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Injuries and fractures to the wrist are usually caused by a fall onto an outstretched arm. This can happen while running, playing sports, like soccer, gymnastics or skiing but can also happen from a simple trip and fall. The most common injuries are buckle fractures and sprains. Although painful, these fractures reliably heal without long periods of immobilization.

What to Expect . . .

Week 1-2

These fractures can be treated with either a cast (“short arm”, or below-the-elbow), or removable wrist brace, depending on which is more comfortable. As pain allows, the brace can be removed for activities like sleeping, eating, and bathing,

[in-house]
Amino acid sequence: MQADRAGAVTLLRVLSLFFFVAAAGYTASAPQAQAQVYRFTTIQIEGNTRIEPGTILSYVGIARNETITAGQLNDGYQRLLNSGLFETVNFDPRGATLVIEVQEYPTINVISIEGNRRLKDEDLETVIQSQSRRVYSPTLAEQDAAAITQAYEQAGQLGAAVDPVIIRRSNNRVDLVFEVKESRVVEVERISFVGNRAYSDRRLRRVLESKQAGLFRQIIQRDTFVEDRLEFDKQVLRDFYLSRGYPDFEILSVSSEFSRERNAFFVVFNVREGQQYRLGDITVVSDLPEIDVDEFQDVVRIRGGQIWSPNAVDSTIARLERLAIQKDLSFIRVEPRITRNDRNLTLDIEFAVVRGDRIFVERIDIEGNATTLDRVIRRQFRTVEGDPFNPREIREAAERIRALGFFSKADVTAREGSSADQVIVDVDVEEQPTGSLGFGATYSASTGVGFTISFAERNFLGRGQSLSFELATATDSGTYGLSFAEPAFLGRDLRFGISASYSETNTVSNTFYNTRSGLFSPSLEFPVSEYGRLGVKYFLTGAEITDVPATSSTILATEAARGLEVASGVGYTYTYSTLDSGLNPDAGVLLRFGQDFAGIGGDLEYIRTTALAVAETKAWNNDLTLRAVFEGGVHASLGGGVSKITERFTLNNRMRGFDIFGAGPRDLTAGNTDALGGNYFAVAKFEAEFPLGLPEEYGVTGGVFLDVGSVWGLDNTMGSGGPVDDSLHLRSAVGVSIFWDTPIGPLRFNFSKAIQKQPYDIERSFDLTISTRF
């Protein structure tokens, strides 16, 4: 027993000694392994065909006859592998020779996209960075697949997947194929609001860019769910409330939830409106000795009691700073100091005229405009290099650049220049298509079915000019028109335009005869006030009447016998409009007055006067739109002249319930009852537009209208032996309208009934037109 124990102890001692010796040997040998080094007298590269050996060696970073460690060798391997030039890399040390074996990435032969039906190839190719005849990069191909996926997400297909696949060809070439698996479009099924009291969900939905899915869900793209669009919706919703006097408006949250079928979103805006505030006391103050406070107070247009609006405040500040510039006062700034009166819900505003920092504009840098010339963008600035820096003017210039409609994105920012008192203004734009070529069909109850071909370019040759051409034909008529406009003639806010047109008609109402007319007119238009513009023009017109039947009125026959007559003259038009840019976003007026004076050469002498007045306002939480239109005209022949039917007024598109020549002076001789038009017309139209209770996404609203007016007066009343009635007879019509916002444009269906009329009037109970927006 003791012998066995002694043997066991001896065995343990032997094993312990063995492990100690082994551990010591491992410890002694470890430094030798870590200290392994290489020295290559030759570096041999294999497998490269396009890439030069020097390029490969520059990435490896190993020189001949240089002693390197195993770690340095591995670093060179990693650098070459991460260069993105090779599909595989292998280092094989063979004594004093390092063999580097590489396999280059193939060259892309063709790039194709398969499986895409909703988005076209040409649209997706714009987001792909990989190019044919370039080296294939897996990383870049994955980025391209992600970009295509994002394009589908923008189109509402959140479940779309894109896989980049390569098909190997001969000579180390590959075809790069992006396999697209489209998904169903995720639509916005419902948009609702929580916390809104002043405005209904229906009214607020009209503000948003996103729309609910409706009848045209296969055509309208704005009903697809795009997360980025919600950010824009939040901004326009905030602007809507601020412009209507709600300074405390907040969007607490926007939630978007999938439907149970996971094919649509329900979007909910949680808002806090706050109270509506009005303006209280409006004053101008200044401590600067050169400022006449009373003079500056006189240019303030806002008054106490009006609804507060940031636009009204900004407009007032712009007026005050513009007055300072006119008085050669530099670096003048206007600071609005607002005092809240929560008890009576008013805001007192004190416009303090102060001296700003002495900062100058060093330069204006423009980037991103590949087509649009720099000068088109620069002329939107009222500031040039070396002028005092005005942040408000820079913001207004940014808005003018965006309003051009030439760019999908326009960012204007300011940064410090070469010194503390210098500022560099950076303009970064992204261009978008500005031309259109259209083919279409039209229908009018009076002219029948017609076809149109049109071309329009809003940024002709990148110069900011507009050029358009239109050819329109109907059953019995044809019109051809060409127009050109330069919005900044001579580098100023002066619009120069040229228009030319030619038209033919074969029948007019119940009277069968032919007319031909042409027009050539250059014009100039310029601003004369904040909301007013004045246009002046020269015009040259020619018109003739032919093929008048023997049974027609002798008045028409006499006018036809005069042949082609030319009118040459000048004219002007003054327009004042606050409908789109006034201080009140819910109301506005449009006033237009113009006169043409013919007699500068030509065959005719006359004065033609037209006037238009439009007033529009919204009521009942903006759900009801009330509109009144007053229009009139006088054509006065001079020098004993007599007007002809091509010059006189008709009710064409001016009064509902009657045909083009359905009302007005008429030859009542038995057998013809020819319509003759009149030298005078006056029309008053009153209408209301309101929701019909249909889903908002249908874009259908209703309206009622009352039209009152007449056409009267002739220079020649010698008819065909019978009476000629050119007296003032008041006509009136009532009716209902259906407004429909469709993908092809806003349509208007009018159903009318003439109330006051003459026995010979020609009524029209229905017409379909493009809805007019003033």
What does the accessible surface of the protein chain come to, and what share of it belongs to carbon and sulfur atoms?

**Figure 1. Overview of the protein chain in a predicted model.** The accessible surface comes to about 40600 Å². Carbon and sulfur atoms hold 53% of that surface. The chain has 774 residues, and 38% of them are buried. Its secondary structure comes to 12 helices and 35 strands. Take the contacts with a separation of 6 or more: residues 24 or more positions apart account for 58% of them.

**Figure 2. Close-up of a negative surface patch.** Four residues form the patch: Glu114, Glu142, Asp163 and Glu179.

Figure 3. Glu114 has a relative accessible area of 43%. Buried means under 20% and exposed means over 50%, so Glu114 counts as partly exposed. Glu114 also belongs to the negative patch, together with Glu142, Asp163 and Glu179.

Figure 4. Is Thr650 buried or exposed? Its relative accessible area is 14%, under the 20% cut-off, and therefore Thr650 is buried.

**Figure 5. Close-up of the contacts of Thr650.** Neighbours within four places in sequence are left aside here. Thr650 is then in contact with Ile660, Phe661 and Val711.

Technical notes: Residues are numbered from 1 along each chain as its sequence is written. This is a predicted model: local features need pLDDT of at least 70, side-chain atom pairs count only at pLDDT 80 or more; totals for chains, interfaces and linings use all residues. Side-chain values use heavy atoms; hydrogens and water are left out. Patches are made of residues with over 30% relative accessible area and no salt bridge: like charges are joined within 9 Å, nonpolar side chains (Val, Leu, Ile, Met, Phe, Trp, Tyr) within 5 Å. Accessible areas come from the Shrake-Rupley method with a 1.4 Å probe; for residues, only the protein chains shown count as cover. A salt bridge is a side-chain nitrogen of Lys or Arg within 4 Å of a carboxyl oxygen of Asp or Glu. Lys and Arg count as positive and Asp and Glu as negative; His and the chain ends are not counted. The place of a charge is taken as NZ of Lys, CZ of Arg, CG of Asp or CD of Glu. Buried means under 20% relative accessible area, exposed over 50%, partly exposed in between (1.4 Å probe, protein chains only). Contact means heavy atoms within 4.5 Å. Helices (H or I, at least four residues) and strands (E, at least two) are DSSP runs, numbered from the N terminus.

Week 3

Transition to wearing a removable wrist brace only for high-risk activities. When at home, or in a safe environment, remove the brace and begin to use your wrist.

Week 4

Perform all daily activities without wearing a brace, to regain strength and flexibility, but hold off on returning to sports.

Return to Sports

Try the “push-up” test at home. If you feel comfortable doing this, you can gradually return to sports as symptoms allow.

**Every patient and every fracture is different. If you’re feeling good, it’s safe to progress through these steps a little faster. If you’re not feeling ready, that’s also normal and you add a few days to each step.**